Claus Emmeche Bioinvasioon, globaliseerumine ja kultuurilise ning bioloogilise mitmekesisuse võimalikkused - ökosemiootilisi vaatlusi. Kokkuvõte
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64. Sign Systems Studies: Volume > 29 > Issue: 1
Augusto Ponzio, Susan Petrilli Bioethics, semiotics of life, and global communication
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Ethical problems connected with biological and medical discoveries in genetic engineering, neurobiology and pharmaceutical research, reach a unified and critical point of view in bioethics as a specific discipline. But even before reaching this stage, ethical problems already belong to two totalities: the semiobiosphere. and the current social form of global communication. Coherently with its philosophical orientation, bioethics must necessarily keep accountof this double contextualisation. The semiobiosphere is the object of study of global semiotics or the semiotics of life. Global semiotics is of particular interest to bioethics not only because of the broad context it provides for the problems treated by bioethics, but also because it provides bioethics with an adequate contextualisation both in terms of extension, of quantity, as well as of quality. From this point of view, "contextualisation" also means critical reformulation. We are now alluding to the need of viewing bioethical problems in the light of today's socio-economic context, that is, in the context of global communication-production. These contextualisations are closely related from the viewpoint of ethics. Semiotics as global semiotics or semiotics of life must accept the responsibility of denouncing incongruencies in the global system, any threats to life over the entire planet inherent in this system.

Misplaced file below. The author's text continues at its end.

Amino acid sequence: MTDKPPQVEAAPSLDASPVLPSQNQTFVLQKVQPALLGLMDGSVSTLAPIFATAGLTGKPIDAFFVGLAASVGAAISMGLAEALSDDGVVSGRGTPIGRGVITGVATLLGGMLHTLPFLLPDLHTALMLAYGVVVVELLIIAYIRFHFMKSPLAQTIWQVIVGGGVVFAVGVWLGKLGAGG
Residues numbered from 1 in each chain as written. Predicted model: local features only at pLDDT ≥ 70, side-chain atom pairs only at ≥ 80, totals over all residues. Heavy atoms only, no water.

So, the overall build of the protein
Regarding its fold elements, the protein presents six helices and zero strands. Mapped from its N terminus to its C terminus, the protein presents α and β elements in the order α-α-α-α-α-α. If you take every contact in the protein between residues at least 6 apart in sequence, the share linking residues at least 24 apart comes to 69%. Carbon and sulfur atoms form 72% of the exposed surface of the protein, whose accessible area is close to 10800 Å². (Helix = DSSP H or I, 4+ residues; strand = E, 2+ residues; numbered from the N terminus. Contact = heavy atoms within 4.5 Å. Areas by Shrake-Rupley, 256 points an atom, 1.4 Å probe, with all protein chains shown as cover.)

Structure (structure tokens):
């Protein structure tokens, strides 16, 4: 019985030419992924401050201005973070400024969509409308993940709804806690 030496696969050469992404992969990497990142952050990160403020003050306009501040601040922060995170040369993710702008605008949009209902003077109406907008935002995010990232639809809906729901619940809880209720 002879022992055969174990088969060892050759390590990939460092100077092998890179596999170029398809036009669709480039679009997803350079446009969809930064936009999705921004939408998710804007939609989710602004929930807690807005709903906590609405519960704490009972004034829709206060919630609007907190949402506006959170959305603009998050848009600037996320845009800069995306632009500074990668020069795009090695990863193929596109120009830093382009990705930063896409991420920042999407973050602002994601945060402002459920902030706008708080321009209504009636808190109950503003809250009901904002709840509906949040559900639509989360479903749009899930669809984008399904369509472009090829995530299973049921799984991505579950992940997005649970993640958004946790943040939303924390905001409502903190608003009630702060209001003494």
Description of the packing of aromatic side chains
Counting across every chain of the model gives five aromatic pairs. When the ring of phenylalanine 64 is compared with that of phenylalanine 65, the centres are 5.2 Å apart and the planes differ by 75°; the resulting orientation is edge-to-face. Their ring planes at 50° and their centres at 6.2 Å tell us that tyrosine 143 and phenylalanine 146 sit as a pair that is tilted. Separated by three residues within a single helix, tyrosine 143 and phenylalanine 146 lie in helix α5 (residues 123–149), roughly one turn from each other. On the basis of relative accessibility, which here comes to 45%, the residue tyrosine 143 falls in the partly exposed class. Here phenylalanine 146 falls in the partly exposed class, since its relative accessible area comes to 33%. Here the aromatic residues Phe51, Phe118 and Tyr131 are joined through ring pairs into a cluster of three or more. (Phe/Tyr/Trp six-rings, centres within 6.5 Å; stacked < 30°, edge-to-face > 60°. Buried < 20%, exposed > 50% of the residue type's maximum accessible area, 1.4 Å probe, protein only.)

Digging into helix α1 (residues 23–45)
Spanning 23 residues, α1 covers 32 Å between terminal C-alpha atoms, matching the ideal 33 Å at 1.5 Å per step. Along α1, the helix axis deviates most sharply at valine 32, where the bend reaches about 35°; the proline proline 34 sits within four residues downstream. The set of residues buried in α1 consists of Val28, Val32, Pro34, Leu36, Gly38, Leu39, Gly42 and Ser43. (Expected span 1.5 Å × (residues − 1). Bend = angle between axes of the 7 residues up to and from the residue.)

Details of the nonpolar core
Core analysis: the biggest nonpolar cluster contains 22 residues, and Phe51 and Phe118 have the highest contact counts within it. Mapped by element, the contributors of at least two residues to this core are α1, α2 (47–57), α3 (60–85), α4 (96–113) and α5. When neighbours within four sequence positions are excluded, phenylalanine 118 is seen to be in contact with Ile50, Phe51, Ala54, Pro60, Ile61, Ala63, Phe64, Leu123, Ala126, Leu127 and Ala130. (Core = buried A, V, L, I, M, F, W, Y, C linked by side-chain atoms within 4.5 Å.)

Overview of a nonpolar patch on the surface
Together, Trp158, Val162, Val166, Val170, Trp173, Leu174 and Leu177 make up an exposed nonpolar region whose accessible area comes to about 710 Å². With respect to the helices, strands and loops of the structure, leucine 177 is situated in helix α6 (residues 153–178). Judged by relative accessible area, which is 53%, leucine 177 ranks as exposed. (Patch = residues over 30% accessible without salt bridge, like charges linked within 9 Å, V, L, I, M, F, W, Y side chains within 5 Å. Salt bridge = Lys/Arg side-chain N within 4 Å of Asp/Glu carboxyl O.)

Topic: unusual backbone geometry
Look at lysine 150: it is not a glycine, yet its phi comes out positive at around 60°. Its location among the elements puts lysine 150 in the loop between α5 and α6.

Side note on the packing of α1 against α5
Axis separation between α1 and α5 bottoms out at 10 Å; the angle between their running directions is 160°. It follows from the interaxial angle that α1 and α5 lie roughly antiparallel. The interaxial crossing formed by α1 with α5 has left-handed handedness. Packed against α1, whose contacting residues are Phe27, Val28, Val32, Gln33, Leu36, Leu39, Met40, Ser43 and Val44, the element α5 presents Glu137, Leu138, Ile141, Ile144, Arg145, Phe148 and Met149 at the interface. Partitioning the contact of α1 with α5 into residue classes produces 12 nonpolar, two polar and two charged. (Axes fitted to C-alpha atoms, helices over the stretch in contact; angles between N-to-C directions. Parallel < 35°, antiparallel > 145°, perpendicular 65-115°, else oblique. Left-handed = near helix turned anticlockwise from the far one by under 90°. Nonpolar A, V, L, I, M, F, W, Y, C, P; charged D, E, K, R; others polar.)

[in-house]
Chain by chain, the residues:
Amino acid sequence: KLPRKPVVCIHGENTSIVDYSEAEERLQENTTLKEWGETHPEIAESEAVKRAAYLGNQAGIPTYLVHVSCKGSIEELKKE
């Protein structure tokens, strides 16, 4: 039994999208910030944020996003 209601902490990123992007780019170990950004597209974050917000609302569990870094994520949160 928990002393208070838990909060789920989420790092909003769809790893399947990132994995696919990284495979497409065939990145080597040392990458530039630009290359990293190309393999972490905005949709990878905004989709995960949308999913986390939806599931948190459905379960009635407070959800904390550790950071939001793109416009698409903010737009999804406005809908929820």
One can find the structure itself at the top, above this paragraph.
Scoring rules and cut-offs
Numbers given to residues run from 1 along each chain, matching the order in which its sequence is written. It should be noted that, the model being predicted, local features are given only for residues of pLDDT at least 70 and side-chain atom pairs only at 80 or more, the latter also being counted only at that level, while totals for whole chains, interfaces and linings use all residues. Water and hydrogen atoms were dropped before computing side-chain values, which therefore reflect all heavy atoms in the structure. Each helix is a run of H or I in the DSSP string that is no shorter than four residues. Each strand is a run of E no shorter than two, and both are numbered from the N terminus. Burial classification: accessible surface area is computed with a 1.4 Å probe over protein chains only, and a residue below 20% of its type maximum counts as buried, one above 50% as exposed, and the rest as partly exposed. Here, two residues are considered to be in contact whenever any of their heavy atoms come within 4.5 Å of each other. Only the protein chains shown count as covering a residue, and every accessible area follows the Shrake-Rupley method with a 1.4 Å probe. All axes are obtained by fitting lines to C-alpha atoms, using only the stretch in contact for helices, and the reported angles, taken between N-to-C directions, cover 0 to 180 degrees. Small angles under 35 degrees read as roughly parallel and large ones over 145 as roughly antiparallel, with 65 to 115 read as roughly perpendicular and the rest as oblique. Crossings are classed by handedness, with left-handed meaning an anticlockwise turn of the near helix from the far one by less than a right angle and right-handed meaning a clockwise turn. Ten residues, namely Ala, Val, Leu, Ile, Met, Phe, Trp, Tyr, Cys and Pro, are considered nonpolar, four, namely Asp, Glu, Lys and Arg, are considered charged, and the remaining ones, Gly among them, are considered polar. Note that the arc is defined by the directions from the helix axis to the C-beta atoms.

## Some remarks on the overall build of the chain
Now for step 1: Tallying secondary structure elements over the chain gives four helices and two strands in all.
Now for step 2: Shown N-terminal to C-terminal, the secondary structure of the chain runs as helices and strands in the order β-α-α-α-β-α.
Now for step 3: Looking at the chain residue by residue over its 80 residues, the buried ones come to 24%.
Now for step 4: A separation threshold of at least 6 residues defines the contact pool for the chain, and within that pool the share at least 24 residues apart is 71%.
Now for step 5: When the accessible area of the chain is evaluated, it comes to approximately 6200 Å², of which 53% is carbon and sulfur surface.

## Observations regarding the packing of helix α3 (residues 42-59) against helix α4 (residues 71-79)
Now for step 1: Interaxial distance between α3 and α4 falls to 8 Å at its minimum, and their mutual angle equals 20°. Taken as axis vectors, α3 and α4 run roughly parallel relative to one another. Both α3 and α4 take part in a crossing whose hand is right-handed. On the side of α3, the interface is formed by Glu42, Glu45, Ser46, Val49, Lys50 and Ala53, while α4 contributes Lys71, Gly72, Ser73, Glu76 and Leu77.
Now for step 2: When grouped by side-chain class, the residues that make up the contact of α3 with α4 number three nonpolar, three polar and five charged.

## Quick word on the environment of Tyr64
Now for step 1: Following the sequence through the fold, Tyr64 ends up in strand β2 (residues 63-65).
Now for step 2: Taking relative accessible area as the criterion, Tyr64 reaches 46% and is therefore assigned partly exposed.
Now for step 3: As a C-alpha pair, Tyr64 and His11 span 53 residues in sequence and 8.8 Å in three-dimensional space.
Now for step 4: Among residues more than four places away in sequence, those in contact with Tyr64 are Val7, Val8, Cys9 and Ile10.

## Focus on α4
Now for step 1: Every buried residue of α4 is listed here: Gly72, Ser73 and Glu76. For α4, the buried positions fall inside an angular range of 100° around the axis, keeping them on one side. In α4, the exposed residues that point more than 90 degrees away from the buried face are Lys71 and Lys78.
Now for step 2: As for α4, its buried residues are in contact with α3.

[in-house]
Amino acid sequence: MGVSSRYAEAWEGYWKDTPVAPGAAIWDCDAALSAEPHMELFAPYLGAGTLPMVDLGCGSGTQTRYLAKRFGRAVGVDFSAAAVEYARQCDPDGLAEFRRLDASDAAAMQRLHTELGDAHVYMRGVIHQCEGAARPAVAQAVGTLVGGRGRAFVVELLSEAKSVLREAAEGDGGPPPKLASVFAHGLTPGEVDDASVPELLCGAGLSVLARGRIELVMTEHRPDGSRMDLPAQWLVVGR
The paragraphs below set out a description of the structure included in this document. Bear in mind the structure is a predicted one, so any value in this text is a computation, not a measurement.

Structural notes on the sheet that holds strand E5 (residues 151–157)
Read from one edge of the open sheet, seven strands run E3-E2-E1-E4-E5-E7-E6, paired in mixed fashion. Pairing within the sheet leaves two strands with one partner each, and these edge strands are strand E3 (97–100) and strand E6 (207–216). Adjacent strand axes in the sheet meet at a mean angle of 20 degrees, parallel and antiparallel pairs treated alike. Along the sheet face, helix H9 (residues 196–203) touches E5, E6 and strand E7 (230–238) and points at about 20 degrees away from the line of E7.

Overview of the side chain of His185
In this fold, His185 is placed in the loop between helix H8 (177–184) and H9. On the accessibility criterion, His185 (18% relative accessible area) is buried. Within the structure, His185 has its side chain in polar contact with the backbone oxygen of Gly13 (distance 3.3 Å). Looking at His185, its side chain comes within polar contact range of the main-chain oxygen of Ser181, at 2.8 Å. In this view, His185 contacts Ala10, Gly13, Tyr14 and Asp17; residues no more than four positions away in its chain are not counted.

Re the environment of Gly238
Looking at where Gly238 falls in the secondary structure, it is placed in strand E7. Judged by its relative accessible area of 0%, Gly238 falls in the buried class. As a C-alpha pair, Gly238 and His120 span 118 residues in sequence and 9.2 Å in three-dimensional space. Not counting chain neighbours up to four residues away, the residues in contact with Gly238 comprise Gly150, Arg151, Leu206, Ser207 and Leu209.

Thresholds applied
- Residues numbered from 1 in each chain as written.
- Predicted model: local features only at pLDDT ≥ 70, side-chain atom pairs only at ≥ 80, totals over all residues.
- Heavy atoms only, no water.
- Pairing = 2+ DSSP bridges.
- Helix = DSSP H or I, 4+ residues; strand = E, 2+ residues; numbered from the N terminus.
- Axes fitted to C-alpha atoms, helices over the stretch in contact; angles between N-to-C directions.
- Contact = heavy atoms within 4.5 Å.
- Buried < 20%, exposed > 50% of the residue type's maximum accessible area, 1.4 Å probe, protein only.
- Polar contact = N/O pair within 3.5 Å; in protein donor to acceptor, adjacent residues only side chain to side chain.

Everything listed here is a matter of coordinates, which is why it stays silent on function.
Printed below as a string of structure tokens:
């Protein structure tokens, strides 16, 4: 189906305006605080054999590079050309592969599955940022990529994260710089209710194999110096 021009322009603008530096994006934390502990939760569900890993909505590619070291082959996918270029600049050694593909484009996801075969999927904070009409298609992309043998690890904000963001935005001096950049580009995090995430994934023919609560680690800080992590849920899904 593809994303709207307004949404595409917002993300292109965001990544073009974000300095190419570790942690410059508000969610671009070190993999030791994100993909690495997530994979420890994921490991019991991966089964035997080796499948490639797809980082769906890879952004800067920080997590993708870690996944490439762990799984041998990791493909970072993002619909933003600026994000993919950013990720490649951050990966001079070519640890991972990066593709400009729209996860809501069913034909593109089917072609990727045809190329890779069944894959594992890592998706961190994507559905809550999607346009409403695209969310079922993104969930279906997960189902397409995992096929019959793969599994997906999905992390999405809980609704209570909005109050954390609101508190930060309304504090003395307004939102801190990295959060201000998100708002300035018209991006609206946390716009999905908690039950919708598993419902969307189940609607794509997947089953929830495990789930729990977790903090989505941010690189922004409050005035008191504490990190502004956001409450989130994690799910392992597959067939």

65. Sign Systems Studies: Volume > 29 > Issue: 1
Augusto Ponzio, Susan Petrilli Bioeetika, elusemiootika ja globaalne kommunikatsioon. Kokkuvõte